During this energy crisis, now more than ever, we must safeguard, and even deepen, Europe’s competitive, integrated electricity markets, as a cornerstone of our security of supply.

Historic figures Estimated based on IEA's WEO 2022 data and data collected by email correspondence, 2021-45 data based on EC's 2030 climate target plan impact assessment

Enabler #5: ease access to critical raw materials

Global average cost increase (Jan 2021 -March 2022) 

+ 16%

Solar PV module

+ 9%

Wind Turbine

+ 20%

Battery pack

Since 2020, the price rise of minerals and metals along with global supply chain bottlenecks have caused an increase in clean energy technology costs. Countries across the world must address these issues before they slow down project deployment. In Europe such efforts must be further supported by economic cost reduction efforts and an expansion in sustainable domestic production.

IEA ,Costs shown are global average

… and electrification takes off

Electrification rate must jump by 11 points by 2030

Electrification rates are still too low to reach 2030 targets. Going faster is fundamental to Europe’s decarbonisation, and more so, is actually possible. The European economy could be as much as 34% electrified by the end of this decade. REPowerEU is going in the right direction with calls for an additional 1.6 million heat pumps and production of 4.4 million tonnes of additional hydrogen.

European governments should help prioritise electrification of end-uses as a key pillar of their crisis response.

Eurostat (2010-2020), Eurelectric’s decarbonisation scenarios & EC’s 2030 Climate Target Plan Impact Assessment (2030 REG &MIX)

Total heat pumps need to triple by 2030

Electricity can play a major role in decarbonising heating and cooling through heat pumps. In 2021 heat pump sales grew by 25% to reach 2 million units. Yet, cumulative heat pump stock should reach 50 million by 2030, to meet Europe’s decarbonisation goals and benefit from significant efficiency gains compared to oil or gas heating alternatives.

Beyond providing households with reliable, clean heating, electrification can also lower Europe’s reliance on Russian fuels and boost its energy security. Today, 57% of the gas consumed by buildings and industries for hot-water, space and process heating systems can be replaced with heat pumps and electric arc furnaces. Effective climate policy should incentivise building renovation and district heating system modernisation, while phasing out subsidies for gas boilers.

EHPA for historic data, RePowerEU and EHPA for 2026 projection, Eurelectric estimate for 2030 based on annual deployment target in the RePowerEU

*The data is from 21 European countries. The marker share is insignificant in the other EU states

x3

The e-mobility revolution underway 

European Alternative Fuels Observatory for historic figures,  T&E for 2030

2 in 11 car sales are electric

In 2021 two in eleven cars sold were EVs. Annual sales grew by 349 % between 2019-2021, helping countries reduce their fossil fuel dependence. While EVs represent only 1.61 % of the passenger car fleet, these numbers are set to quickly change and EVs will count for 60% of new sales by 2030. The e-mobility revolution is truly underway.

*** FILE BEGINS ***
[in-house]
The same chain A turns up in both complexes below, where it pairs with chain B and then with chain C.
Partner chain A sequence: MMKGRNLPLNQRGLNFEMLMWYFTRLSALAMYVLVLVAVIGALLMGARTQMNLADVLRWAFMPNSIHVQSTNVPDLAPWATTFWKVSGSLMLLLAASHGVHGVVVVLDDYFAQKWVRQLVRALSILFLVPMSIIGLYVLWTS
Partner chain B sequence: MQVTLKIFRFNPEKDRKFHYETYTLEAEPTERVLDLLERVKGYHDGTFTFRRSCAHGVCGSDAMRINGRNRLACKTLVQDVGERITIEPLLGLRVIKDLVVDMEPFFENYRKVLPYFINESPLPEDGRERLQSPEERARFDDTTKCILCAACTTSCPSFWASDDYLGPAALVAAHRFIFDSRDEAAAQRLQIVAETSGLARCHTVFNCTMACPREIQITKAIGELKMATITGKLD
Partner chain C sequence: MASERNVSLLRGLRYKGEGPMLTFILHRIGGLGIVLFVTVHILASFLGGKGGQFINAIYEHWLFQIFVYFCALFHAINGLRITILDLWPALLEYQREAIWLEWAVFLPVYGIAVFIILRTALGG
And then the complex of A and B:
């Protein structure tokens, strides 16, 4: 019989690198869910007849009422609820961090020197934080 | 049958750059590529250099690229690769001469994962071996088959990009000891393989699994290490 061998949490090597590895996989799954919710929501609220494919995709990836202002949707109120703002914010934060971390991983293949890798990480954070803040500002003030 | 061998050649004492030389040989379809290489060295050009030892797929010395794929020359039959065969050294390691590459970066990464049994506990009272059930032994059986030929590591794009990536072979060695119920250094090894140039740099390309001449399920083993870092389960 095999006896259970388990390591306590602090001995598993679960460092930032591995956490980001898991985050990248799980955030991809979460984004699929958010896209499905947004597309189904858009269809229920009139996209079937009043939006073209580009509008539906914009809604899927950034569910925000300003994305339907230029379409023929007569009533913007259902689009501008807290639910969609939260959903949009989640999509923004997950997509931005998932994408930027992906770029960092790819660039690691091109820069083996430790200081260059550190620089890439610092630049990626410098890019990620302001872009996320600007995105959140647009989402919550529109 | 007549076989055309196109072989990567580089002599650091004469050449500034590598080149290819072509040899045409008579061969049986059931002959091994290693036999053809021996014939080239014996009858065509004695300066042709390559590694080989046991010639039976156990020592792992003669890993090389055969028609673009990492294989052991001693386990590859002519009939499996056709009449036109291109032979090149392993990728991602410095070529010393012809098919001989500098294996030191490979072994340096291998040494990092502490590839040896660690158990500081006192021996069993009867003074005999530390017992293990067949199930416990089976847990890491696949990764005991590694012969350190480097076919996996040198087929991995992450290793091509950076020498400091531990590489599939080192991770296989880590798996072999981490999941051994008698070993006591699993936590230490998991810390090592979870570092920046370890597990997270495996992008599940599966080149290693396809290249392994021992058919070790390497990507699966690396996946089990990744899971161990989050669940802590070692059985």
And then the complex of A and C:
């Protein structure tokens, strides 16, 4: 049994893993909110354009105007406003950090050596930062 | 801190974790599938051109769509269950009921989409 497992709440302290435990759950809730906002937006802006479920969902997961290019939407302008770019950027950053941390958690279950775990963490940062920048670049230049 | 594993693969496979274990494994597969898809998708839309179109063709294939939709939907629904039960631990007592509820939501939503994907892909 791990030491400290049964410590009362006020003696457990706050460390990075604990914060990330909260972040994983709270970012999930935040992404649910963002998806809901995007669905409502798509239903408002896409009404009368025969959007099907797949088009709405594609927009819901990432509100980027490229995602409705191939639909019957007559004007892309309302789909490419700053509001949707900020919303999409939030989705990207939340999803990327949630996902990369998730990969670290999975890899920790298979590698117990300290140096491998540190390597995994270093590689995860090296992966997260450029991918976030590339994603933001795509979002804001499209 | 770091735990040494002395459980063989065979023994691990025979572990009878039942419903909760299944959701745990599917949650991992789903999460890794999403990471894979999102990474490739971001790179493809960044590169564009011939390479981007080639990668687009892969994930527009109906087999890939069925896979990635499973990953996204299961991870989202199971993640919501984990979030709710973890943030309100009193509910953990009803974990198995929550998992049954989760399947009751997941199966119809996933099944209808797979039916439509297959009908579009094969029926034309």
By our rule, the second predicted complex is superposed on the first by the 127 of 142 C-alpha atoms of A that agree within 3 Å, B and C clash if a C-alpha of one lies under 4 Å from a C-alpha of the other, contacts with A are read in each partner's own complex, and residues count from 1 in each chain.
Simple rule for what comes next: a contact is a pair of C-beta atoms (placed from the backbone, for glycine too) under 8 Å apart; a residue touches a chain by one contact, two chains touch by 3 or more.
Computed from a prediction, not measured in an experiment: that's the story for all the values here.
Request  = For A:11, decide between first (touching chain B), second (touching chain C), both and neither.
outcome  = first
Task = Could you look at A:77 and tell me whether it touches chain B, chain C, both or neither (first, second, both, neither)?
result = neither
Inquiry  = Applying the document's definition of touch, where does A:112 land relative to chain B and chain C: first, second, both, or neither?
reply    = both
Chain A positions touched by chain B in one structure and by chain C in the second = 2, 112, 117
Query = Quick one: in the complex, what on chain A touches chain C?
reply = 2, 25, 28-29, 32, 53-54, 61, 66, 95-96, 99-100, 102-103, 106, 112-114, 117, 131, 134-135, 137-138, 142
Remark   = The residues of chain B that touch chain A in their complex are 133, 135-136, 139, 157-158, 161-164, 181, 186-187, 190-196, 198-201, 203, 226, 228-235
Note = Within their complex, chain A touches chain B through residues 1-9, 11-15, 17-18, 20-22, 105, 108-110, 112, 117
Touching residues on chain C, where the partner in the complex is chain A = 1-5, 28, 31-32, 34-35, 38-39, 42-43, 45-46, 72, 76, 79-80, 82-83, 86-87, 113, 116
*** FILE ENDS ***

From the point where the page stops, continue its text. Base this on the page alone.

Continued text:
Again electrification offers Europe a route out of the energy crisis. 63% of imported oil goes to the transport sector, 48% to the road transport alone, and e-mobility has a huge potential to displace this oil. This can be reached if government policy empowers the spread of charging infrastructure via ambitious deployment targets. This will foster the ramp-up of electric vehicles and infrastructure across the EU, improve people’s access to e-mobility and ensure a just transition where no region is left behind.

Public charging infrastructure: 11-fold increase needed

European Alternative Fuels Observatory for historic figures,  T&E for 2030

The number of charging stations has grown by 57% from 2020 to 2021 but more are needed to help the e-mobility revolution. An eleven-fold increase by 2030 is required to keep up with the EV growth rate.

Public chargers: a more even deployment needed

Most charging stations are concentrated in a few EU countries, particularly in the Netherlands, Germany, France, and Italy. Infrastructure should be deployed across Europe to make sure no region is left behind.

European Alternative Fuels Observatory

How do we get there?

Decarbonise faster

1

Decarbonise faster

- Adopt an electrification strategy
- Address permitting barriers
- Tackle critical materials supply chain issues
- Anticipate workers’ skill gaps

Electrify
now

2

Electrify now

- Electrify buildings, transport & industry to reduce dependence on fossil fuels
- Deploy heat pumps, electrolysers, smart chargers, and storage solutions to unlock demand-side flexibility

Strengthen
grids

3

Strengthen grids

- Boost investments
- Modernise tariffs
- Ensure access to EU funds
- Reinforce grid infrastructure to integrate decentralised energy sources

Secure investment

4

Secure investment

- Deepen the EU competitive electricity market
- Ensure long-term investment signals
- Tackle gas prices and avoid distortive market interventions

Protect customers

5

Protect customers

- Adopt energy vouchers, VAT reductions and energy efficiency incentives to mitigate the price surge’s impact
- Ensure sufficient gas storage and diversify supply